Charlotte: In the summer of 2018 I got a $7,500 research internship. I interviewed homeless youth specifically about their school-based experiences. In my work with Dr. Kennelly, I had noticed that schools came up in conversations again and again, because everybody had been in school prior to or during their homelessness. I realized that schools often could have helped but didn’t — which was the same as my own story. We found that overwhelmingly schools are neglecting homeless young people or punishing them for the symptoms of their homelessness. Sometimes individual teachers try to take it upon themselves to help but without the support of their institution. Schools are typically either causing harm or failing to intervene.
Jeff: Part of our strategy has been not only to tell the individual user what they have but also to share the data, in an anonymous aggregate fashion, with the broader community — to tell the wider truth about what’s in the drug supply. We put up posters and disseminate information to public health officials and law enforcement agencies. When we first started, I was surprised every time we saw fentanyl, and we’d put out an immediate advisory every time we saw carfentanil, which is even more potent. The unfortunate reality is that today, even in “heroin” samples, we don’t see any heroin. It’s all fentanyl. Both are opioids, both are going to elicit the same response, but fentanyl is a lot cheaper for whoever is making the drugs.
Charlotte: I’m planning to defend my master’s thesis in April. I want to make it very clear that while schools are failing homeless youth there is potential for them to help. Ensuring that teachers have the capacity to spend time with individual students to build trusting relationships would be a huge step forward. Teachers can spot problems like sexual abuse or drug abuse and direct students to appropriate support. But it’s not teachers’ fault that they’re too busy, with class sizes increasing and budgets being cut.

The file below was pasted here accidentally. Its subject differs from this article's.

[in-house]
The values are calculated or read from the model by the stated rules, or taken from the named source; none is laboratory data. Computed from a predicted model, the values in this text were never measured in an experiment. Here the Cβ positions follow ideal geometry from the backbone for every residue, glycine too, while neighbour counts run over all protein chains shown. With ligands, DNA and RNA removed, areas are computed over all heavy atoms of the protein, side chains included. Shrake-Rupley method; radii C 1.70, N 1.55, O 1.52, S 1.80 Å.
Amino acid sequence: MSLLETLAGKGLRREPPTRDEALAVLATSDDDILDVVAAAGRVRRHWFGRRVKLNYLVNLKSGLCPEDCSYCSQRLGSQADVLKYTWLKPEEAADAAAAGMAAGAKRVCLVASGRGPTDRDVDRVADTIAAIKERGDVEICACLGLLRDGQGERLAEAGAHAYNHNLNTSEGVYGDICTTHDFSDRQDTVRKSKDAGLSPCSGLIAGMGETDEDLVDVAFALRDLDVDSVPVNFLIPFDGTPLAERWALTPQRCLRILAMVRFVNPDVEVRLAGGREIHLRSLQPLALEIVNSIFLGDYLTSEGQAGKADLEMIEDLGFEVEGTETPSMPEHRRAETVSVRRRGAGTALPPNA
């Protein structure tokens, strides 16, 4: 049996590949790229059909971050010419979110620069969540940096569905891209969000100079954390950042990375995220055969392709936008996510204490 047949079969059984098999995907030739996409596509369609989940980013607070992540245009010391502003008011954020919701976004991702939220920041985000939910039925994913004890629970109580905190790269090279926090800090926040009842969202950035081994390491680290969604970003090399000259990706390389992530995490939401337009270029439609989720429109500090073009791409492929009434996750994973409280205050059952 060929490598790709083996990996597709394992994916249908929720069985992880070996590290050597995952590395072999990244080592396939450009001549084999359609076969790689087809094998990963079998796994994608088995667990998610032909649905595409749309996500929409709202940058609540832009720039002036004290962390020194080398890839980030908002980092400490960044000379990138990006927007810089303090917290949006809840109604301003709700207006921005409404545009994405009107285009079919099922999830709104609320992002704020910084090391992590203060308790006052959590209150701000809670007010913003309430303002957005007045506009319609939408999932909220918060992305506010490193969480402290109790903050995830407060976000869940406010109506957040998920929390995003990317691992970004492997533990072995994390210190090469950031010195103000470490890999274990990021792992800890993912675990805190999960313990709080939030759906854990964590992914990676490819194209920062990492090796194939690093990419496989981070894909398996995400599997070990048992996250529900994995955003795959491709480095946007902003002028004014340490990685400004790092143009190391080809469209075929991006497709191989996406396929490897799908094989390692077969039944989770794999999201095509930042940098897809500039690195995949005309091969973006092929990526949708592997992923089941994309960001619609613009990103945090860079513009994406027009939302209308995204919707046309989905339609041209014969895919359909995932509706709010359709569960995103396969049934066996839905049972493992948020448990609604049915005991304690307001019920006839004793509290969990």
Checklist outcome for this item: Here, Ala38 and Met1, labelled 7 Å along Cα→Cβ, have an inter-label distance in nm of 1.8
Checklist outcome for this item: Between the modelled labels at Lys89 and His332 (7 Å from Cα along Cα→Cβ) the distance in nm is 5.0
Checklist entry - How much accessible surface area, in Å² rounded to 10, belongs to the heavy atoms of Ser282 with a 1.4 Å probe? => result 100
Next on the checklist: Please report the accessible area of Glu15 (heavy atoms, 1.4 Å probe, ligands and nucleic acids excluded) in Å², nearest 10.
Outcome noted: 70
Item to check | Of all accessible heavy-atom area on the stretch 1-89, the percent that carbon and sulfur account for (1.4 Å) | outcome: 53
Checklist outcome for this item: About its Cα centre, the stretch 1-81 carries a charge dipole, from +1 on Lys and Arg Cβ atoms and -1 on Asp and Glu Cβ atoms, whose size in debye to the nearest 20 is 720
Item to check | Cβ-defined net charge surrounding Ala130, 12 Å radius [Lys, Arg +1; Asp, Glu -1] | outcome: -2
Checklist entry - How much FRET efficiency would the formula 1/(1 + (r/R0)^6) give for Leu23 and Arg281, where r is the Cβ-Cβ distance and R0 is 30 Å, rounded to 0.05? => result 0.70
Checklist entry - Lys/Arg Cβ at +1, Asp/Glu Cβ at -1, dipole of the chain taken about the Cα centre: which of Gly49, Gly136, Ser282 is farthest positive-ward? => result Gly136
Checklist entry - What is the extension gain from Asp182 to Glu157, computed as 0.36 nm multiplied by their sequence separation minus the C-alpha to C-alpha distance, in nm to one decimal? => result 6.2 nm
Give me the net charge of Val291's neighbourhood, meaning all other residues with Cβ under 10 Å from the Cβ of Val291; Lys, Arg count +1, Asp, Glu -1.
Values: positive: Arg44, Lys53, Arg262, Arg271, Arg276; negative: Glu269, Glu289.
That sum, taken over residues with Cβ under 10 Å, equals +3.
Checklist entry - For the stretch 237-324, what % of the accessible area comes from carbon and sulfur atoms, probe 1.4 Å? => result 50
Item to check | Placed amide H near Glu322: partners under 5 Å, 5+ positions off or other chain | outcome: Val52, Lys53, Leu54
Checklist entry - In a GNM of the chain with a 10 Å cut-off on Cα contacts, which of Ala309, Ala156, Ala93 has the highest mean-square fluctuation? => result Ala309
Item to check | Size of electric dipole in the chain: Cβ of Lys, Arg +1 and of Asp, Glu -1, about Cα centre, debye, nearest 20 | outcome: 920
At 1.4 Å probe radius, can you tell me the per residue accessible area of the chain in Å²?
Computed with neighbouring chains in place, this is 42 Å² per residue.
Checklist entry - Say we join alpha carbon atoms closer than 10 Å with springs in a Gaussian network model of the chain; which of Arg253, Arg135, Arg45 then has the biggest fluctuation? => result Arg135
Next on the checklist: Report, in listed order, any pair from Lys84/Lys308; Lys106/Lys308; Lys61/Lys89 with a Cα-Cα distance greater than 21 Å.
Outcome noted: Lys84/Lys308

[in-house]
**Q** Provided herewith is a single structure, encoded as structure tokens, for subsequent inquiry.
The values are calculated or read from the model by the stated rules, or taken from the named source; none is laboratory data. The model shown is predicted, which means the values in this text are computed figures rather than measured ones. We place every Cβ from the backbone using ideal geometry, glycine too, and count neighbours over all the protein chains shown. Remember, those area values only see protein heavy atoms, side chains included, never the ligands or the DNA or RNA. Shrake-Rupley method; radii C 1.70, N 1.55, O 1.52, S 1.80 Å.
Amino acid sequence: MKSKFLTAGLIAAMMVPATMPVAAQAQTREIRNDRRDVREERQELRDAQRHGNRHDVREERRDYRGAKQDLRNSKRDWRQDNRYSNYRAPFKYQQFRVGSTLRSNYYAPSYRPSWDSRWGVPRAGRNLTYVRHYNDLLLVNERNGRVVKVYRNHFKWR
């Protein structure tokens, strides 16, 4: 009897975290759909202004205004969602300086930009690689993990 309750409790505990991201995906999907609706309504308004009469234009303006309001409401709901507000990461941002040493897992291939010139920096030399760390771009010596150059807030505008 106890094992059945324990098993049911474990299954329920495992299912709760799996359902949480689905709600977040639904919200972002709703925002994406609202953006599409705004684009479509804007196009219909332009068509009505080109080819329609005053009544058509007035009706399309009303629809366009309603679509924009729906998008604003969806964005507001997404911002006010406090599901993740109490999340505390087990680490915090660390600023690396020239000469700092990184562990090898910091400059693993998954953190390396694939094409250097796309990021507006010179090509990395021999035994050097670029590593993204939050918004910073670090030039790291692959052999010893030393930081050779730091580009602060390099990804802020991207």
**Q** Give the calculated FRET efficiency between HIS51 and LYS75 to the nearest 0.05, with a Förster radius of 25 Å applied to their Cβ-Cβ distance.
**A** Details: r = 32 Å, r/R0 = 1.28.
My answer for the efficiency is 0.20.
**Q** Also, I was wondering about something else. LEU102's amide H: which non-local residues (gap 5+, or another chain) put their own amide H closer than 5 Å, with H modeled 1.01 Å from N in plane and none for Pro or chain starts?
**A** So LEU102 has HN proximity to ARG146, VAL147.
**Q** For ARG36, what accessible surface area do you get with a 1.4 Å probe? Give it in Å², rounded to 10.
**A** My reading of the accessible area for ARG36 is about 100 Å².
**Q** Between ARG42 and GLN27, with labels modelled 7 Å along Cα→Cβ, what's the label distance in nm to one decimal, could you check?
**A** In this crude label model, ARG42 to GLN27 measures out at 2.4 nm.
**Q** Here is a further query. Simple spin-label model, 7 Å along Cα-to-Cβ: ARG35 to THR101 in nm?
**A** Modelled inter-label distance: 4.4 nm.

Jeff: The CIHR funding is wrapping up, but we received additional support through the federal government’s Impact Canada drug testing technology challenge last spring to further develop our approach. We would like to take it from simply a qualitative observation — “You have fentanyl or carfentanil” — and start telling clients the exact amounts in grams of what they have. This would be a huge transition. Currently, the best way to solve an addiction is to “taper” down and wean yourself off a drug. But without knowing what’s in your drugs, you are playing roulette every single time you inject something, and it becomes almost impossible to stop using.
Charlotte: I think we all have the capacity to put ourselves in other people’s shoes. The first step is listening to people who have been through things like homelessness or drug addiction. Harm reduction is one small drop in the bucket in terms of how we can help. A lot of people think it enables users. But if we can keep people alive and provide opportunities for mental health support, for employment support, for family reconnection, for community, one day hopefully they’ll be alive to accept an opportunity. I would have fewer dead friends if there had been safe injection sites a long time ago. My model of recovery was to find a farm, but that’s not going to work for everybody. Which is why it’s important to have a range of wonderful opportunities. “Wonderful opportunities” — that’s an oxymoron. All opportunities are wonderful. You don’t realize that until you don’t have any.